Friday, February 19, 2010

Good vs. Great; Better vs. Best

In Good to Great, Jim Collins states that “good is the enemy of great.”  In Working Effectively with Legacy Code, Michael Feathers states that “we can’t let ‘best’ be the enemy of ‘better’”.

On the surface these seem contradictory, but I would argue that they are, in fact, complementary.  I have been very much guilty at times of getting “analysis paralysis”, being overly concerned with the “right answer” or the “right way”.  In that case, where you have nothing, doing something is better than doing nothing.  At the very least, doing something, even if it’s wrong, gives you feedback that it’s wrong and you can move on.  The trick is to do something that is low risk.  The smaller your something is, the faster you can get feedback and adjust.

This goes with the “release early” philosophy of agile.  The other part of that philosophy is “and iterate” which is important as well.  Getting something done allows you to take it and improve it.  Having something concrete via quick prototyping or tracer bullets and iterating can get you there faster than waiting for the “right way” to become apparent.  If we always think “I don’t have time to make it perfect so I won’t do anything” we will never do anything.  “Best” becomes the enemy of “better.”  Martin Fowler said as much:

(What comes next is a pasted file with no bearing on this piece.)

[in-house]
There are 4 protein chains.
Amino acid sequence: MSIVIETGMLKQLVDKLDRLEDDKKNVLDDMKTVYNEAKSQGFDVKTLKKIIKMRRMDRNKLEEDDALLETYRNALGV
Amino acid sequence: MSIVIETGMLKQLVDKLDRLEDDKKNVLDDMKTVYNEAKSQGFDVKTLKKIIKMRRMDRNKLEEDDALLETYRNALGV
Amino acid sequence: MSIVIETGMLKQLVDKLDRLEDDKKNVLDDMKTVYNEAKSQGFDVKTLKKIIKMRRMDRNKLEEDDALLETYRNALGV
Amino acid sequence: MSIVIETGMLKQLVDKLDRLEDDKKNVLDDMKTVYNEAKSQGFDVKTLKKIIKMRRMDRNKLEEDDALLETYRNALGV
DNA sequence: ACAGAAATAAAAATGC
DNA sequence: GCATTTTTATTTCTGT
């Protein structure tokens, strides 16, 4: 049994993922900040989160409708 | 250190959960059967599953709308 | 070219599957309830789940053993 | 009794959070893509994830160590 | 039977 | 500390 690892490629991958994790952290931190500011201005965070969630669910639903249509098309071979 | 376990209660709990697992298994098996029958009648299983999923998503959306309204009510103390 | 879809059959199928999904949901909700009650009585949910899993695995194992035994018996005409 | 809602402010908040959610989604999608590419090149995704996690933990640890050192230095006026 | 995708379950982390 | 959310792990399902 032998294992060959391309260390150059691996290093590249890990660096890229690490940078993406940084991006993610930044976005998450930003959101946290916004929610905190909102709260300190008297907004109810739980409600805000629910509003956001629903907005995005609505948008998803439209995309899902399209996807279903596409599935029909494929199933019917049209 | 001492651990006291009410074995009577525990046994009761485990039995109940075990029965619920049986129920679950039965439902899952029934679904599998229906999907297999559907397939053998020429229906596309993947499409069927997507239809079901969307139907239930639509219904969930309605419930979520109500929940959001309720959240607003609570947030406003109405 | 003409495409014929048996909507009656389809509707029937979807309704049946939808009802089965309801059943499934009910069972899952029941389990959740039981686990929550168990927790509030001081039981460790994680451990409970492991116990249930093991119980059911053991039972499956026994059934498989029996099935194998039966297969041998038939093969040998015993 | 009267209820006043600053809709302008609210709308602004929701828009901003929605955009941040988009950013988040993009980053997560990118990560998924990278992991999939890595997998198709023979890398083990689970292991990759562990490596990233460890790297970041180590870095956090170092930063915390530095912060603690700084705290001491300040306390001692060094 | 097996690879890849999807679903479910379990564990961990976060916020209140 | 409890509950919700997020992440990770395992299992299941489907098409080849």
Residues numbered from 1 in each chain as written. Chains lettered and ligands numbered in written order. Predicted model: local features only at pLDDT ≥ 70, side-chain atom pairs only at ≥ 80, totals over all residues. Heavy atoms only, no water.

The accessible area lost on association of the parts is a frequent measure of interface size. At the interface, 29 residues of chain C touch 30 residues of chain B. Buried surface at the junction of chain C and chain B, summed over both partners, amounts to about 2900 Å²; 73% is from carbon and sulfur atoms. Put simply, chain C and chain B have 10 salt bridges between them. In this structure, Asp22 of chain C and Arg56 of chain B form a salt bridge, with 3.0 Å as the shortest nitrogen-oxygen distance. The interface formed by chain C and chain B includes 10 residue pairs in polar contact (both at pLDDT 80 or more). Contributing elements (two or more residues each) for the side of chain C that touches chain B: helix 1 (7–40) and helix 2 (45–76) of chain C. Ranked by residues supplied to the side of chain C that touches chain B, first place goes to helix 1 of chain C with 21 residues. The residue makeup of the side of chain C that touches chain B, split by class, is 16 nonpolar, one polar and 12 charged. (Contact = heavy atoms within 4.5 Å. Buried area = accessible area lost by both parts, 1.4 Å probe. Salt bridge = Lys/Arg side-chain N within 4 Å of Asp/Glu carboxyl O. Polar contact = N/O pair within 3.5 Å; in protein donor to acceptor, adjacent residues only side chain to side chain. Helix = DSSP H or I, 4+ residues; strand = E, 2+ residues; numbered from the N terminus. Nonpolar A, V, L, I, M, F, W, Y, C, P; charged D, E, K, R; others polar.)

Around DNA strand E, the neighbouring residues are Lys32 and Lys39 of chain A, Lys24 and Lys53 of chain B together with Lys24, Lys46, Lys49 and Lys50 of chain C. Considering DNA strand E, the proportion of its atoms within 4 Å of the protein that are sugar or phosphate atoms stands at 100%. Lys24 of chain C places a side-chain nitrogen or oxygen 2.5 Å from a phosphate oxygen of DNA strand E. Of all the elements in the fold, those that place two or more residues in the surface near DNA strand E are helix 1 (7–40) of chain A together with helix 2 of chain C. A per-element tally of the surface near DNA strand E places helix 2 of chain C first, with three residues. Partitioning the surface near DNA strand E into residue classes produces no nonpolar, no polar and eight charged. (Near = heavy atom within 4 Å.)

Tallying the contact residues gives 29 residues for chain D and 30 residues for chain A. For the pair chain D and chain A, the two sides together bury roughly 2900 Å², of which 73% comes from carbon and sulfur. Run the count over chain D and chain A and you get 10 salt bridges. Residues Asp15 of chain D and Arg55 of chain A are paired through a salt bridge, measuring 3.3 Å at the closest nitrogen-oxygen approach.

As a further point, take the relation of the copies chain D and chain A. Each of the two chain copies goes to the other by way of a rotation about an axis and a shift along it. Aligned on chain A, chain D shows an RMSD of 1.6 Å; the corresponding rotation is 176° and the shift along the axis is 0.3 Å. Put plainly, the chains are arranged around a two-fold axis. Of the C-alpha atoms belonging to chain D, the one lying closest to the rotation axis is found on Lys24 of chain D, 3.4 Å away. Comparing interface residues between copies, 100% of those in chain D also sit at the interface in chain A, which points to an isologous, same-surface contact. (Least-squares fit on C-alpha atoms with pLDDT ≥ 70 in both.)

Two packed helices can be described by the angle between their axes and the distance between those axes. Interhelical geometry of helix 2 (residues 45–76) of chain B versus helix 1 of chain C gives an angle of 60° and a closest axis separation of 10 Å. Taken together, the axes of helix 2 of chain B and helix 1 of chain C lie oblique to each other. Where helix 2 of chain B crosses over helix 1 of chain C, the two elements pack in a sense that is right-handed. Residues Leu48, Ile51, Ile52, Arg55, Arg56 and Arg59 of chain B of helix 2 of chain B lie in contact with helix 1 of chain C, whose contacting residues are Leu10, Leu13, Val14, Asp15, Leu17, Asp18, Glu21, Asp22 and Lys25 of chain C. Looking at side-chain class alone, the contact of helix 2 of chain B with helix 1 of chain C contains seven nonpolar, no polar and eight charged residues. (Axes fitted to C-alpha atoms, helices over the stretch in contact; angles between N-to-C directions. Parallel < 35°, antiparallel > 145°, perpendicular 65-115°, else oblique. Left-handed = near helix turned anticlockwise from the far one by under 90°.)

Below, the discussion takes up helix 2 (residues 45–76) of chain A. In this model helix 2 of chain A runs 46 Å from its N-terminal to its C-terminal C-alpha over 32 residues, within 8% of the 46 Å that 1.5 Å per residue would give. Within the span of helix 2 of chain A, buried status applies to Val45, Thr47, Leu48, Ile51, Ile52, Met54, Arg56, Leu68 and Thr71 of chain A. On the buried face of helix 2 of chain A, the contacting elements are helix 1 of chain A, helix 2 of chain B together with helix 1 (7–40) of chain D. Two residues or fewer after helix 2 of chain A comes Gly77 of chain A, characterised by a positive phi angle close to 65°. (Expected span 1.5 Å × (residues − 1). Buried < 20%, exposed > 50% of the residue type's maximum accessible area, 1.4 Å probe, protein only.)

When you actually sit down to write some code, you learn things that you didn’t get from thinking about them in modeling terms. There is a feedback process there that you can only really get at from executing some things and seeing what works.

Once we get something good enough, the problem then becomes the attitude that “I don’t think it’s worth the effort to improve it, it’s good enough.”  And here is where “good is the enemy of great.”  The problem becomes when everything is humming along “well enough” that we become complacent.  That is until something shakes things up.  Like when the weight of defects reported become overwhelming because the code was not kept clean and non-legacy (no automated tests).  Or when an economic downturn hits and you realize that you didn’t take the opportunity during the “good years” to fine tune things or expand and improve and are now faced with tough decisions.

We need to be constantly improving (in code, in business and life), not settling for good, striving for great, but not so worried about best that we don’t pursue better.

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